If you don’t live near one, the idea that garbage dumps seek particular neighborhoods might seem paranoid. But environmental justice advocates working amid the 35 waste transfer stations that dirty the South Bronx know better. Working with community groups, Congressman Jose Serrano filed a complaint with the EPA in 1998, charging that the intense volume of garbage trucks and dumpsters violated civil rights in a poor area rife with health problems.
This notion snapped the EPA and the media to attention, even prompting Staten Island Rep. Vito Fossella to claim the Fresh Kills landfill violated his constituents’ civil rights. “Our organizing was bolstered by the fact that this was considered a civil rights issue,” says Majora Carter, who runs the group Sustainable South Bronx and in 1997 initiated a successful campaign to stop a new waste plant.
But the EPA’s civil rights office still hasn’t ruled on Serrano’s complaint. Advocates have long wondered whether federal courts would act on environmental civil rights concerns more avidly than bureaucracies do. Now they know. In December, a panel of judges from the 3rd Circuit Court of Appeals ruled in a lawsuit seeking the shutdown of a new cement-slag factory in a low-income stretch of waterfront in South Camden, New Jersey, that citizens of a polluted minority neighborhood can’t use federal civil rights law to block new polluters. The judges deferred to a U.S. Supreme Court decision earlier last year that limits citizen suits under Title VI of the federal Civil Rights Act–which bans discrimination by any agency receiving federal funds–to cases involving rights Congress spelled out in the legislation. That appears to rule out environmental justice claims, because civil rights law took shape years before the prevalence of toxic facilities in minority neighborhoods was an issue of widespread concern.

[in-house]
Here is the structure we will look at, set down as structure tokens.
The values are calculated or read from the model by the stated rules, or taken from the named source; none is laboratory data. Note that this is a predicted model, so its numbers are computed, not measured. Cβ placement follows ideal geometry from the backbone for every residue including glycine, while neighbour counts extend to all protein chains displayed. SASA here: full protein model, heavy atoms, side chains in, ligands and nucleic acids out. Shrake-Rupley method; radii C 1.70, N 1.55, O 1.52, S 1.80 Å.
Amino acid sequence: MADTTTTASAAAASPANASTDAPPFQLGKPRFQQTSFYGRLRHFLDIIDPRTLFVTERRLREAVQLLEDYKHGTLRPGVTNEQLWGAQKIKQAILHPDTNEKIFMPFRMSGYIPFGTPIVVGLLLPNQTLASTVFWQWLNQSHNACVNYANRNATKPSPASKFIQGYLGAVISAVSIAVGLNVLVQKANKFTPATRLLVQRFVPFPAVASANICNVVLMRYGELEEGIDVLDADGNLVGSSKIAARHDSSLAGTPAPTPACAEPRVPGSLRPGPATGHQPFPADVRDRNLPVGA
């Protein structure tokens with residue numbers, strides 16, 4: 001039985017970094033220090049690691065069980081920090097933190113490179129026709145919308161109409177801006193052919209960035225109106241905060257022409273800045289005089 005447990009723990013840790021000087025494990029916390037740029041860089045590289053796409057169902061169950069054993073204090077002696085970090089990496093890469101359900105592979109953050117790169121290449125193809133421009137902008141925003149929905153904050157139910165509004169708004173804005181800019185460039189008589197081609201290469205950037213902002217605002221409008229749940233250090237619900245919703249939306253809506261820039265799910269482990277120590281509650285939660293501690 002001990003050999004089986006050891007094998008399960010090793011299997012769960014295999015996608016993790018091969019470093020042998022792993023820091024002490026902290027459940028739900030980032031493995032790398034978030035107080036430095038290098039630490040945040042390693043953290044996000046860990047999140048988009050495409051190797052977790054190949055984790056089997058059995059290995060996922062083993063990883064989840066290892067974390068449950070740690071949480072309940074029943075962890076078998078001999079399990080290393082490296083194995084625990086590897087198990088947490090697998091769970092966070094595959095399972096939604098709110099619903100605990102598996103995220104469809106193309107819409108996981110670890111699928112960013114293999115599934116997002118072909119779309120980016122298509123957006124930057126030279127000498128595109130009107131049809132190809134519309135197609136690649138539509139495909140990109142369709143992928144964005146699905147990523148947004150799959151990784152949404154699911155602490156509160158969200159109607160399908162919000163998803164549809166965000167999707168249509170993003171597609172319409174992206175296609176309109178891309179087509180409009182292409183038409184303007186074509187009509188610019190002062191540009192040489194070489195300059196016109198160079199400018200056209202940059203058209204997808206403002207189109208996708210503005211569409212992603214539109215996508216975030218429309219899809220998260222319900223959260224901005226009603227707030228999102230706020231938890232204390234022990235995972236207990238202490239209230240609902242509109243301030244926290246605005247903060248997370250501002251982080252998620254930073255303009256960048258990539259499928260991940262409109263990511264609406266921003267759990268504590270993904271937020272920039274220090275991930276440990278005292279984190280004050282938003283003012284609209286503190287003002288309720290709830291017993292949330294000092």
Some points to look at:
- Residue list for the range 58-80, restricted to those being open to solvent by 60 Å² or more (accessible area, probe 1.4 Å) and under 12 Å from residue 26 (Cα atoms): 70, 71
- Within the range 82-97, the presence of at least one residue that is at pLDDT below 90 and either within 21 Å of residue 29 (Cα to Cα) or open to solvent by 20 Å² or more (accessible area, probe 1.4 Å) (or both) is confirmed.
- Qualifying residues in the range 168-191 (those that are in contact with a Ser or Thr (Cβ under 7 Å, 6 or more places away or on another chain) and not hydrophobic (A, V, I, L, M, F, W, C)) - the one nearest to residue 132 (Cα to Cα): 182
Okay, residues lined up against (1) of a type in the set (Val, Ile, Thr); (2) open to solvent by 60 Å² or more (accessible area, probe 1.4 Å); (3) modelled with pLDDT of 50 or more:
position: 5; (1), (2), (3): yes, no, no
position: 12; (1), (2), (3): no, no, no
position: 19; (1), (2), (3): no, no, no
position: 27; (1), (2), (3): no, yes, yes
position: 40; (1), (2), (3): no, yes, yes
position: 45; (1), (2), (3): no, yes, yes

The court decision turned back an unprecedented gambit. The plaintiff, South Camden Citizens in Action, had convinced a lower court that the factory had a discriminatory effect in its neighborhood, which already hosts several toxic waste sites as well as a sewage treatment plant and a trash incinerator. They presented statistical analysis showing that a neighborhood’s percentage of nonwhite residents almost certainly had some relationship to its concentration of polluting facilities. Using that statistic, the lower court decided that New Jersey had to make sure that new permits didn’t add to an unbalanced burden on minority communities. The Circuit Court, though, ruled that only the EPA could assign that responsibility.
The defeat of the highest-reaching environmental justice lawsuit yet sends a bleak signal to activists in New York City, who are all but giving up on using civil rights litigation to bring relief to neighborhoods plagued by waste dumps and power plants. New York is in the 2nd Circuit, not the 3rd. But even if New York’s courts rule differently in a future case, the Supreme Court would likely uphold the 3rd Circuit’s decision. “If the Circuit Court had upheld the District Court decision, we would have seen a sea change,” says Keri Powell, an environmental lawyer with the New York Public Interest Research Group. Civil rights cases would still have been rare, because proving a link between a neighborhood’s demographics and its level of pollution is time-consuming and arcane. But even a single landmark case, such as a class-action suit, could have made environmental justice concerns a more powerful political force.